Mindless virtue signaling doesn’t fare well in a real crisis.
As the nation and the world confronts a deadly pandemic, and citizens, businesses, and governments do all they can to tamp down the spread of the coronavirus, some useless measures instituted in less turbulent times will go by the wayside.
One of these useless measures is plastic bag bans, which have been proliferating in recent years with the aid of environmentalist activists.
New Hampshire Gov. Chris Sununu issued an order Saturday telling all grocery and retail stores to move away from reusable bags and transition to disposable plastic and paper bags.
“Our grocery store workers are on the front lines of #COVID19, working around the clock to keep NH families fed,” Sununu, a Republican, said on Twitter. “With identified community transmission, it is important that shoppers keep their reusable bags at home given the potential risk to baggers, grocers, and customers.”
This comes just over two months after the New Hampshire House of Representatives passed legislation to ban plastic bags in the state. The legislation remains in committee in the state Senate.
New Hampshire is not alone.
New York state has put its recently passed ban on plastic bags on hold for now.
In fact, states and cities around the country have been suspending their plastic bag bans too. And there is a growing call for places that still have the bans in place to bring them to an end during the outbreak.
These actions reveal the fact that not only are the bans marginal or even detrimental in their environmental impact—more on that later—but they are also a public health hazard.
Reusable plastic tote bags are a good carrier for bacteria and viruses, the coronavirus included. As John Tierney wrote for City Journal, numerous studies have provided evidence that reusable bags are unsanitary.
In one study that Tierney highlighted, published in the Journal of Environmental Health in 2018, researchers planted a surrogate virus on the bags of three shoppers who went into grocery stores. After they bought their groceries and checked out, researchers found the virus “on the hands of the shoppers and checkout clerks, as well as on many surfaces touched by the shoppers, including packaged food, unpackaged produce, shopping carts, checkout counters, and the touch screens used to pay for groceries.”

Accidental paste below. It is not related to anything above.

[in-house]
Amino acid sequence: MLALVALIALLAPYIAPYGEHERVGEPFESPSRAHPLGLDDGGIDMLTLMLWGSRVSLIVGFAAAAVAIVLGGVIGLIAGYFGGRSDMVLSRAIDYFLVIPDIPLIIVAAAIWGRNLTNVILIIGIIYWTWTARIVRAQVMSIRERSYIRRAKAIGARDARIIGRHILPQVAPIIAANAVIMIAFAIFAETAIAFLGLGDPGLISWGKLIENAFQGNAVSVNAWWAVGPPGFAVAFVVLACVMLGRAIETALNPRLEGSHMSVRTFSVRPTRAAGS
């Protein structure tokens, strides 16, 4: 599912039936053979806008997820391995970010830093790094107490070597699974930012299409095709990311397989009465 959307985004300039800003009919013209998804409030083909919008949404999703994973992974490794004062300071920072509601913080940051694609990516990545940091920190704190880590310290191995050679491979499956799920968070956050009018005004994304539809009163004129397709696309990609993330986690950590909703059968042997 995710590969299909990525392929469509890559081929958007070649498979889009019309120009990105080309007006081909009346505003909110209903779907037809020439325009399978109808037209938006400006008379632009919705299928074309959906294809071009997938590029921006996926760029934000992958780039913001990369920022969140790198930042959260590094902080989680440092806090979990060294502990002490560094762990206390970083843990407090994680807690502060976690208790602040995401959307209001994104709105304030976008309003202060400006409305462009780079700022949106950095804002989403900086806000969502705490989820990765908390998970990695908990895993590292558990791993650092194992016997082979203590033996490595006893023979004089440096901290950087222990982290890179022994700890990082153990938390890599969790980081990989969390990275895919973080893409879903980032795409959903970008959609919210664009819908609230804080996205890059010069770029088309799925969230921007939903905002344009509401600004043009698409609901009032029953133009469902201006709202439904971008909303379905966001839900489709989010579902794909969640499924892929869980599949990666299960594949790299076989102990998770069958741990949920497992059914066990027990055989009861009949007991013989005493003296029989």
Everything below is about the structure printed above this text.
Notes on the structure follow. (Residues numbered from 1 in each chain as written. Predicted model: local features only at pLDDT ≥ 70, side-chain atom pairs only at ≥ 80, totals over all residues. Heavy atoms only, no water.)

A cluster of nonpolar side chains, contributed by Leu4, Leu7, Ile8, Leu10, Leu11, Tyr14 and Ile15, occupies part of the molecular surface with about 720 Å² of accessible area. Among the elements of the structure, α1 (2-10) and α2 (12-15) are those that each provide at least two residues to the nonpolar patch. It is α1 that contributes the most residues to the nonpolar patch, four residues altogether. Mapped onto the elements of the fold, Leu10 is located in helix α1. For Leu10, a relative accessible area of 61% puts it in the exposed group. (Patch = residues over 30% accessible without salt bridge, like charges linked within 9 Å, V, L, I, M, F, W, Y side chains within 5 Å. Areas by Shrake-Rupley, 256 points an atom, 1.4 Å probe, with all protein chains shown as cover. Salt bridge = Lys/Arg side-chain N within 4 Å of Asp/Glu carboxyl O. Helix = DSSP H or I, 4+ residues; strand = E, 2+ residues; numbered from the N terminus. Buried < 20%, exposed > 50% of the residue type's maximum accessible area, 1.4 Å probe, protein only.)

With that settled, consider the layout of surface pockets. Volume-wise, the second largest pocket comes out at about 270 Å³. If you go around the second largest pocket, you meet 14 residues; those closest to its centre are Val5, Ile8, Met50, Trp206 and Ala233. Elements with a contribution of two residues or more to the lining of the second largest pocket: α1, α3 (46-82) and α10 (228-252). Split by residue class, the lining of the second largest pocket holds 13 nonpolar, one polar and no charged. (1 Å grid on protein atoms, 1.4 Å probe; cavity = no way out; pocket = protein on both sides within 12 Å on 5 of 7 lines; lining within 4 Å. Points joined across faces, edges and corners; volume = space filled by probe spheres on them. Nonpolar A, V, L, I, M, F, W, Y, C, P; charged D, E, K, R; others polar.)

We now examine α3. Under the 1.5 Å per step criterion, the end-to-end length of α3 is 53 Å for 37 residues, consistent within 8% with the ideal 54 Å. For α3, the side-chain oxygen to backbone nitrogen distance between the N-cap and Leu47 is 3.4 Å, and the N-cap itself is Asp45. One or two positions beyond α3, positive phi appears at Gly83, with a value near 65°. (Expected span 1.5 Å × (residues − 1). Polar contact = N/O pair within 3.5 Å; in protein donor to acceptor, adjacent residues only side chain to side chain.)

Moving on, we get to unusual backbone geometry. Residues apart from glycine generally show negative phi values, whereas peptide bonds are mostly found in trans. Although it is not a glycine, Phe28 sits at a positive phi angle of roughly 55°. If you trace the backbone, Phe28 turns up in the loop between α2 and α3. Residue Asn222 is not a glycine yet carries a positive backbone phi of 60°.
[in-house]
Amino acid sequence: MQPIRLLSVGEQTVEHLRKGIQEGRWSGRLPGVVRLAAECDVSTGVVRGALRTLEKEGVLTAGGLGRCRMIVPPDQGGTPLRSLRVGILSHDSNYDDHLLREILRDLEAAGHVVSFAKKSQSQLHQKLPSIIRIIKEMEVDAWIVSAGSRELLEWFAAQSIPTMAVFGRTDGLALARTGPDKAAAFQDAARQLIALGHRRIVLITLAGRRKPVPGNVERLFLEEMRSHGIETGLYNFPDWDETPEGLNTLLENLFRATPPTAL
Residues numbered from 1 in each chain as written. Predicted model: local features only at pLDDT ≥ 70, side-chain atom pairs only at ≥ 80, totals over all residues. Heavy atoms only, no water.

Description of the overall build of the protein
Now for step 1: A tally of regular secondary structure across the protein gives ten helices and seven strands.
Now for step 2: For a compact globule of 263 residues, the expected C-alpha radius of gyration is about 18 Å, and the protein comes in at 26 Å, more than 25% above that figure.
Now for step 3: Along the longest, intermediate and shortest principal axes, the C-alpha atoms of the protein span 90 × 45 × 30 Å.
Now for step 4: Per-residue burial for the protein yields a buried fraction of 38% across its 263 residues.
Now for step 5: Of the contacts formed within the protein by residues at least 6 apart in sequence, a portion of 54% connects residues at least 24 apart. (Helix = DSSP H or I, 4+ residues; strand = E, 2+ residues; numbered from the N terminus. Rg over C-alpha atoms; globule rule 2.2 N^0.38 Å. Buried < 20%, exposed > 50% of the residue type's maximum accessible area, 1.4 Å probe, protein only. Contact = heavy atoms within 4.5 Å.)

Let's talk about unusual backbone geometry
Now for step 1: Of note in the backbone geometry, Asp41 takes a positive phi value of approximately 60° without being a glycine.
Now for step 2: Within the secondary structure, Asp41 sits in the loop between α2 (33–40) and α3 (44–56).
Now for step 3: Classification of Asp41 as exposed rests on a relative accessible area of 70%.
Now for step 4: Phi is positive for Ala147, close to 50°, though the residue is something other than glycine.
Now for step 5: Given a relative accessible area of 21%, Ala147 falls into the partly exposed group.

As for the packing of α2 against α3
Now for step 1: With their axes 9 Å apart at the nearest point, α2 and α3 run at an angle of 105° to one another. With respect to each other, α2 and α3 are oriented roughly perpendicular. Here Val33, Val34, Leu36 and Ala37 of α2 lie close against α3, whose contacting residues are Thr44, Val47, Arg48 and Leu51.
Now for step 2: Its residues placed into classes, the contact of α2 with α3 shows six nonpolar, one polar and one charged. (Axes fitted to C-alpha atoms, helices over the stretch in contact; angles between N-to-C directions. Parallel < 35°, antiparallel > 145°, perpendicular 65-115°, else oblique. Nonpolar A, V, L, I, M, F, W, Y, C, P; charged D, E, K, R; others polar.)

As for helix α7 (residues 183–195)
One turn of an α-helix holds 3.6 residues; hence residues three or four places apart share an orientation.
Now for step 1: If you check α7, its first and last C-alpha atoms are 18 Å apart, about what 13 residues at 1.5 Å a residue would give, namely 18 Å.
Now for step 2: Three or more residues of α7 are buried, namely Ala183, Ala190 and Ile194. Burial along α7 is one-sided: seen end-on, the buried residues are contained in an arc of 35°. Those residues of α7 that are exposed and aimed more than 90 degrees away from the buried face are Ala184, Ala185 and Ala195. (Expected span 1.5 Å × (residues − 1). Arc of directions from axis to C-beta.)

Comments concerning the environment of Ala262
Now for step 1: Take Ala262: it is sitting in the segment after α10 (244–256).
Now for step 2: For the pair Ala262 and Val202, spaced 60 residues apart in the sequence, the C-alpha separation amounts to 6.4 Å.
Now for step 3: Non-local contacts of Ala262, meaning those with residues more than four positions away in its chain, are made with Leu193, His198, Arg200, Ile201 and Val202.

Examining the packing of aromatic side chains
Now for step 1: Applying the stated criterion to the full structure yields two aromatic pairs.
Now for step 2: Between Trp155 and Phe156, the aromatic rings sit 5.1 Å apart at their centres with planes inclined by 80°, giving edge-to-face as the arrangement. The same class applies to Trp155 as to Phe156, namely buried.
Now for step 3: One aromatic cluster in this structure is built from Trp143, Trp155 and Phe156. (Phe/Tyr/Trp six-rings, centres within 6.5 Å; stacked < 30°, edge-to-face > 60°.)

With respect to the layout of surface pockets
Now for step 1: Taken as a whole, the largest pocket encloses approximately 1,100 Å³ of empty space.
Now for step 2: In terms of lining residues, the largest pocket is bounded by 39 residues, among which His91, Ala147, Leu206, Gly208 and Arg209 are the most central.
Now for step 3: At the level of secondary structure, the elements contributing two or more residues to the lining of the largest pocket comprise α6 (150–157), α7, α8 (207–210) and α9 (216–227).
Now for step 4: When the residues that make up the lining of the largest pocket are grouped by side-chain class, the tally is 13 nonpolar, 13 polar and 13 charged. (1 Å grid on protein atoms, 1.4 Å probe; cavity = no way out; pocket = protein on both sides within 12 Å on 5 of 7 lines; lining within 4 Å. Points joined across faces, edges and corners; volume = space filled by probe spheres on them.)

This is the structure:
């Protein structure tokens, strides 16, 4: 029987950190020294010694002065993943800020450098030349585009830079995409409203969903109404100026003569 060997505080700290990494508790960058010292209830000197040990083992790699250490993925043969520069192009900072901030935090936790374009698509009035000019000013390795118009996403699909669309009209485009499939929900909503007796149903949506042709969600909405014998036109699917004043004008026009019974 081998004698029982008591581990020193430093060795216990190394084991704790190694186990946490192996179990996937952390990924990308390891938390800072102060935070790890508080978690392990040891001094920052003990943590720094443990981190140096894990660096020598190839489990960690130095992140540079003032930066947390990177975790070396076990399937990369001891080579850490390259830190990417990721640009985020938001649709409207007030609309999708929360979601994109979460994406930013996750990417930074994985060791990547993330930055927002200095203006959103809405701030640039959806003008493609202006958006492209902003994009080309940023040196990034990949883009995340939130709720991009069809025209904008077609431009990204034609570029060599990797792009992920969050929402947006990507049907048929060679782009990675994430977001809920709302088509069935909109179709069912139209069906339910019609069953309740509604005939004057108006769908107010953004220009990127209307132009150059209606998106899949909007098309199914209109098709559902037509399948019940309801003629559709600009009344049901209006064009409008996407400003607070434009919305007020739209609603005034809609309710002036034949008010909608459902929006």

This is a scary prospect as countless Americans have their only contact with the general public when they go to grocery stores, making the efforts to curb the spread of COVID-19 much more difficult.
Of course, some climate activists aren’t going to be dissuaded, even at this time.
Larissa Copello de Souza, a campaigner at Zero Waste Europe, said, according to The Wall Street Journal: “We cannot forget and disregard the other big current challenges we are also currently facing.”
By this she means climate change and plastic buildup.
“Promoting the use of reusables is certainly one of the greatest practices we can have to address those issues,” Souza said.
The problem with this mentality, beside perhaps misplaced priorities, is that the plastic bag bans are ineffectual even if the primary concern is the environment.
A study in Australia by University of Sydney economist Rebecca Taylor demonstrated that bans on plastic shopping bags do not significantly cut down on waste; more people buy thick garbage bags to line their trash cans after the bans are put in place.
The bottom line is, the current crisis has revealed the misguided nature of plastic bag bans, and now cities and states must move quickly to prevent these bans from exacerbating the coronavirus pandemic.
In the coming days, Americans will have to take many actions and adjust their lives to stop the spread of COVID-19. Serious times and serious matters will force us to abandon virtue signaling and restore common sense.
Suspending bans on plastic bags is a good sign that’s happening already.